The current building is a large Gothic revival church started in 1904 but later extended in 1952, leaving the altar in the centre of the long nave, and two main entrance fronts. The intended spire was never completed. Inside, there are stained glass windows by Harry Clarke dating from the 1920s – the Crucifixion, the Annunciation, and the Coronation of Virgin in Glory, but unfortunately I did not get the opportunity to photograph them this visit.

From The Building News, May 20, 1898: “At Terenure a new Roman Catholic Church, dedicated to St. Joseph, is in course of erection from designs by Mr. W. H. Byrne, of Suffolk-street, Dublin. The building is Romanesque in style. It consists of nave 46ft. by 30ft., with north and south aisles lift, wide, chancel and sanctuary 70ft. in length and 30ft. wide, side chapels and transepts, and a tower and spire rising to a height of 160ft. The architects are Messrs. Michael Moade and Sons, of Great Brunswick-street, Dublin.”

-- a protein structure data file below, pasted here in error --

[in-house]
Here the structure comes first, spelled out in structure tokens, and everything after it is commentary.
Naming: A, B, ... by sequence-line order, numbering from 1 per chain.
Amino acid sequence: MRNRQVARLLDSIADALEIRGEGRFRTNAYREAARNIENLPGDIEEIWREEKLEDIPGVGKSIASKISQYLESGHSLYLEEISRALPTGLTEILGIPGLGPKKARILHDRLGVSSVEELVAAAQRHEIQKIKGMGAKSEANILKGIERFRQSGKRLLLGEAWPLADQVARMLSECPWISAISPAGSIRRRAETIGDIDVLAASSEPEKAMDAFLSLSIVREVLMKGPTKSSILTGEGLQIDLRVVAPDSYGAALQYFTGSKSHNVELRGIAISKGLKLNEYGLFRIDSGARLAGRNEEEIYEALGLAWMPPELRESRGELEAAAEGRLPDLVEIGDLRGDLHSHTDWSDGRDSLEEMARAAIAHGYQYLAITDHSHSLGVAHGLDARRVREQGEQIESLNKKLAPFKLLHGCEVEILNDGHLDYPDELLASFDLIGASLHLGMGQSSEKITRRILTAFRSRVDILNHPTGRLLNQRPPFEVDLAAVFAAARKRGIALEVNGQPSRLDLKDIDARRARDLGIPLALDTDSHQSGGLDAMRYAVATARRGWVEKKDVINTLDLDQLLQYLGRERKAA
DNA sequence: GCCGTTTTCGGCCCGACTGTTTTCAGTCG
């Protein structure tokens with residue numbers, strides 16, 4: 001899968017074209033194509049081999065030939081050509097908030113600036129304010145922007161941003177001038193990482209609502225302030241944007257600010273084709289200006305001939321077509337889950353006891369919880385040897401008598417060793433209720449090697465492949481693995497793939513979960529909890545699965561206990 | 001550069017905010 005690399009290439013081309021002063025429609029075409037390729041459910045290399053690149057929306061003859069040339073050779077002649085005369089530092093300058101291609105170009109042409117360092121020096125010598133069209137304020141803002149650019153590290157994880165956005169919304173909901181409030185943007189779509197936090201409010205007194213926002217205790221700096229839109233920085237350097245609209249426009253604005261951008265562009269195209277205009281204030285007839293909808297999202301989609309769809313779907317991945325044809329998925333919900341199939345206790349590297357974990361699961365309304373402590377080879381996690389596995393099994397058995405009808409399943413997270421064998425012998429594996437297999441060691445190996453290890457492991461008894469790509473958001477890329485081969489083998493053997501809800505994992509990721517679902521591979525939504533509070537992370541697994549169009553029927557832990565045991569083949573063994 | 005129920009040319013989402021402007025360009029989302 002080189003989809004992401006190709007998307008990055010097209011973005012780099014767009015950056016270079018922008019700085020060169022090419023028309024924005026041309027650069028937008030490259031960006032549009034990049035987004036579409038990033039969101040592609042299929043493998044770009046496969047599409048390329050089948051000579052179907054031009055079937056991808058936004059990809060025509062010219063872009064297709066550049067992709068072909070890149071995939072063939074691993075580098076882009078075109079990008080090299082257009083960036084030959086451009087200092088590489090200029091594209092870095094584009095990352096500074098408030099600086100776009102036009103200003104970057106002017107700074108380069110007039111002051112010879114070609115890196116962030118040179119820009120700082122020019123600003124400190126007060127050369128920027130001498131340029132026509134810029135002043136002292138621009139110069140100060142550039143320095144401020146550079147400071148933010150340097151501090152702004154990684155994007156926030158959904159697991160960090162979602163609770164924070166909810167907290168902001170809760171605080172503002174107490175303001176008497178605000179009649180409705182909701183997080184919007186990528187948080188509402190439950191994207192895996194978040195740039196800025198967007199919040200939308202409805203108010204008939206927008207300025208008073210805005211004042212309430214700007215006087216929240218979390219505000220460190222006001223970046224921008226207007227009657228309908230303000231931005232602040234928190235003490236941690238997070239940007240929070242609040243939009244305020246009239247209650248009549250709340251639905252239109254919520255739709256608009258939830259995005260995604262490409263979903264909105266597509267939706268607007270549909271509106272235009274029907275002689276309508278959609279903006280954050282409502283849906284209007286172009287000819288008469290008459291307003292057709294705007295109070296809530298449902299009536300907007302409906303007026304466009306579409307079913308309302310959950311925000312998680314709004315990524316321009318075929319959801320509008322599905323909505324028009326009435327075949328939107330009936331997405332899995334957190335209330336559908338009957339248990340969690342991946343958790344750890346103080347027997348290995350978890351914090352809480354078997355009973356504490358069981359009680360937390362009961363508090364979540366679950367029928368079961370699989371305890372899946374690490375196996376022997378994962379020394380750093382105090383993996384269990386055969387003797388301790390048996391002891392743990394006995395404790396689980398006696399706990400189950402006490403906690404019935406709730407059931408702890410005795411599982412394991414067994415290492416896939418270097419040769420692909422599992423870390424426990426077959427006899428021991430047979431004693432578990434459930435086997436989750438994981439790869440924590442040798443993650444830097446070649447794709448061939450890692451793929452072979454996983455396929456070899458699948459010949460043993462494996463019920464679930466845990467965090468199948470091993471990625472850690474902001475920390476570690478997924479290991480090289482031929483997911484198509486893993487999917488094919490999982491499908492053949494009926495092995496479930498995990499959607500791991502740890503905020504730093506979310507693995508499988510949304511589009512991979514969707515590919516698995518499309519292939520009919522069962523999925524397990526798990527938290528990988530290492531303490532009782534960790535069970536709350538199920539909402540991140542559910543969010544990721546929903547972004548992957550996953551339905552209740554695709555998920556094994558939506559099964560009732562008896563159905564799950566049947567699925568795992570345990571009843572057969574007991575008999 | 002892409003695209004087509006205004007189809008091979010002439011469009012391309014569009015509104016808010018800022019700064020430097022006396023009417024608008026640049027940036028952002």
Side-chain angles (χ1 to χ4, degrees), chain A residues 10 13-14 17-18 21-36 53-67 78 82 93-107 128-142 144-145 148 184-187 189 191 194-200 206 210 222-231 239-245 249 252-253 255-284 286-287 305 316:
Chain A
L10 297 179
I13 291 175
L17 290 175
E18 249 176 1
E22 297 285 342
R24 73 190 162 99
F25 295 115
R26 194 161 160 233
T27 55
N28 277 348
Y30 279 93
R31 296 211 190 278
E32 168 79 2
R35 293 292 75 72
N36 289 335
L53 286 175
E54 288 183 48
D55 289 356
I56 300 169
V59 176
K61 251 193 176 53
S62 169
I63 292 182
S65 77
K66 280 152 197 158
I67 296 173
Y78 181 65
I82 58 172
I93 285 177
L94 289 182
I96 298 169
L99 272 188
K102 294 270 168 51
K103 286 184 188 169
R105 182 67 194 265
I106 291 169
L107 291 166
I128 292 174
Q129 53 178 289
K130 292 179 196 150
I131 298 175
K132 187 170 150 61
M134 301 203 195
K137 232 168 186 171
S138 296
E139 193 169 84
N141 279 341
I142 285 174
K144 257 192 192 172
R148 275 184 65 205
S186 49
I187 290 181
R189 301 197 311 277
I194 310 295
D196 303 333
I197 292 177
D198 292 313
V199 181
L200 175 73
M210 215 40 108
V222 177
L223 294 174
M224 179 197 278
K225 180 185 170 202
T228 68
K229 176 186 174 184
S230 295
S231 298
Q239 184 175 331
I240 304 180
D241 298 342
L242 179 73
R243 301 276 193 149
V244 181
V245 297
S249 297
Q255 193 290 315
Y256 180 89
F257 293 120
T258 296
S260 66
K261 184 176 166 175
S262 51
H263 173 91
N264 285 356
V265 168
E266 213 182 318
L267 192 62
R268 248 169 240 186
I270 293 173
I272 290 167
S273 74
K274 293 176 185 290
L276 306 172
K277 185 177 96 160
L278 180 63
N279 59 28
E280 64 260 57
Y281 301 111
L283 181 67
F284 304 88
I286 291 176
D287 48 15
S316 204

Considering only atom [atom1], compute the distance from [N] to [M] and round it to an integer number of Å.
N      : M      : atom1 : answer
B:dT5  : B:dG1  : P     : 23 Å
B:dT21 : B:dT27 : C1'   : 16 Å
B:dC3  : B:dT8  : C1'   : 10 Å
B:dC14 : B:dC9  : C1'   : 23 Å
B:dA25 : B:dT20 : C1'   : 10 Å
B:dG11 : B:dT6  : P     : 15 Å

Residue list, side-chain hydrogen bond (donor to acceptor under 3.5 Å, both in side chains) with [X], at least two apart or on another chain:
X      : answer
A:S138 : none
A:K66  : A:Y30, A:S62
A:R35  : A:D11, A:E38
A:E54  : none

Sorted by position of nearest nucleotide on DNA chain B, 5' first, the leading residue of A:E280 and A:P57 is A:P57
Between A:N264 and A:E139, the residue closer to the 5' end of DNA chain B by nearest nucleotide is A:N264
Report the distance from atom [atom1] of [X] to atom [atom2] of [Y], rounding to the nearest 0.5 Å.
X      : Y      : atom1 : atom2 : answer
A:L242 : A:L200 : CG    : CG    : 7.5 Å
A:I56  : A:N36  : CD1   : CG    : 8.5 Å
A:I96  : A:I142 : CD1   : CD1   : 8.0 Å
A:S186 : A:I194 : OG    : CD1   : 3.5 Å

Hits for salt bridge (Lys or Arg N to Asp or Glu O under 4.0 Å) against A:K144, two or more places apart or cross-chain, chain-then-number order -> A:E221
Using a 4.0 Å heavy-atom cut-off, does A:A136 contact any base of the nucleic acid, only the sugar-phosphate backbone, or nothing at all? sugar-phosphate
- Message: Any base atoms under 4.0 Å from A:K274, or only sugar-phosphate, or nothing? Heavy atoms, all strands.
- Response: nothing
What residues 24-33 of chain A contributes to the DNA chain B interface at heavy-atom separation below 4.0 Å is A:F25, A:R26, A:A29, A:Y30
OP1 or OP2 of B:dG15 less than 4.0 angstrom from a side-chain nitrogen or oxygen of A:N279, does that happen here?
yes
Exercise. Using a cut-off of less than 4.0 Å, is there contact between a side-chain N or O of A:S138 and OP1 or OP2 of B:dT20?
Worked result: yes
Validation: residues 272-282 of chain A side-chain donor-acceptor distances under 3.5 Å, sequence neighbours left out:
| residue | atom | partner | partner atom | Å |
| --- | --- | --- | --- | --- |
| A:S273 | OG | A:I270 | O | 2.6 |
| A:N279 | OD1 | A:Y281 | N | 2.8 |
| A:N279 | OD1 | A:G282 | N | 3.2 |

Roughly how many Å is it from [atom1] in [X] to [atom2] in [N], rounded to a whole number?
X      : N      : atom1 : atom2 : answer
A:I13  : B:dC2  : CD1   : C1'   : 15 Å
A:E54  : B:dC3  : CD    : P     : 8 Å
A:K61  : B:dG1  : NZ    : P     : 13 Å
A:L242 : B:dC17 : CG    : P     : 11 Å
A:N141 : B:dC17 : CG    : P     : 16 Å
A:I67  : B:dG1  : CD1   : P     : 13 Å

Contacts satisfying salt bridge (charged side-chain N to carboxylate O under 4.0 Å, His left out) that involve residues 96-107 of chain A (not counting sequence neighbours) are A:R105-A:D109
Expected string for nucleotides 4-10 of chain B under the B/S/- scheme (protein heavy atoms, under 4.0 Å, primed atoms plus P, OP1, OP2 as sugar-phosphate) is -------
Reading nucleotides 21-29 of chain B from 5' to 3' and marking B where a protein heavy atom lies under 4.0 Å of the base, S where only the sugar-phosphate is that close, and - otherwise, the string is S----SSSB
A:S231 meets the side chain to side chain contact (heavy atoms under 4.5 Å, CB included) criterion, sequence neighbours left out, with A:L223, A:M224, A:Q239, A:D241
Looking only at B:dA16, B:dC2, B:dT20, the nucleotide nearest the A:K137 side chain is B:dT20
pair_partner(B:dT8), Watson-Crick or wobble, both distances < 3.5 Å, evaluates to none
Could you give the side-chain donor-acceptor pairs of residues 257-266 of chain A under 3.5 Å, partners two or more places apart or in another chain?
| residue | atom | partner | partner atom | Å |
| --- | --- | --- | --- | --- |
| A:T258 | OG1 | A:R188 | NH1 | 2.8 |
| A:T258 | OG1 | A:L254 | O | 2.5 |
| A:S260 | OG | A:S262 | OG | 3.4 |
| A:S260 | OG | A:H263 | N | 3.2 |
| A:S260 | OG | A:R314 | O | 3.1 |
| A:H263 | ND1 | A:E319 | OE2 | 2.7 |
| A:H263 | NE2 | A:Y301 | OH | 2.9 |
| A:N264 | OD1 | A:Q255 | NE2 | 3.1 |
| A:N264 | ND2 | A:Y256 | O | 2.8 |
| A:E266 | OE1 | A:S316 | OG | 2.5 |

Architect, of Dublin. William Henry Byrne was born on 17 May 1844. Byrne is particularly associated with Catholic church architecture and was architect to the Catholic dioceses of Killala, Ossory, Tuam, and Achonry and to the Sisters of Charity in Ireland, who ran the Mater, St Vincent's and Temple Street hospitals in Dublin. He was also architect to the South City Markets Co. Dublin, responsible for the reconstruction of the markets after the fire of 1893, and to Pim Brothers' large drapery establishment on the opposite side of South Great George's Street. He was architect to the North Dublin Union and architectural adviser to the Congested Districts Board and to the Inspectors of Lunatics. In 1903 he acted as assessor in the competition for a new public library in Drogheda.


On the 9th February 2022 I explored much of the Crumlin area of Dublin in order to select suitable locations to photograph in detail at a later date and I took the opportunity to photograph some examples of what I refer to as "Paint-A-Box Streetart".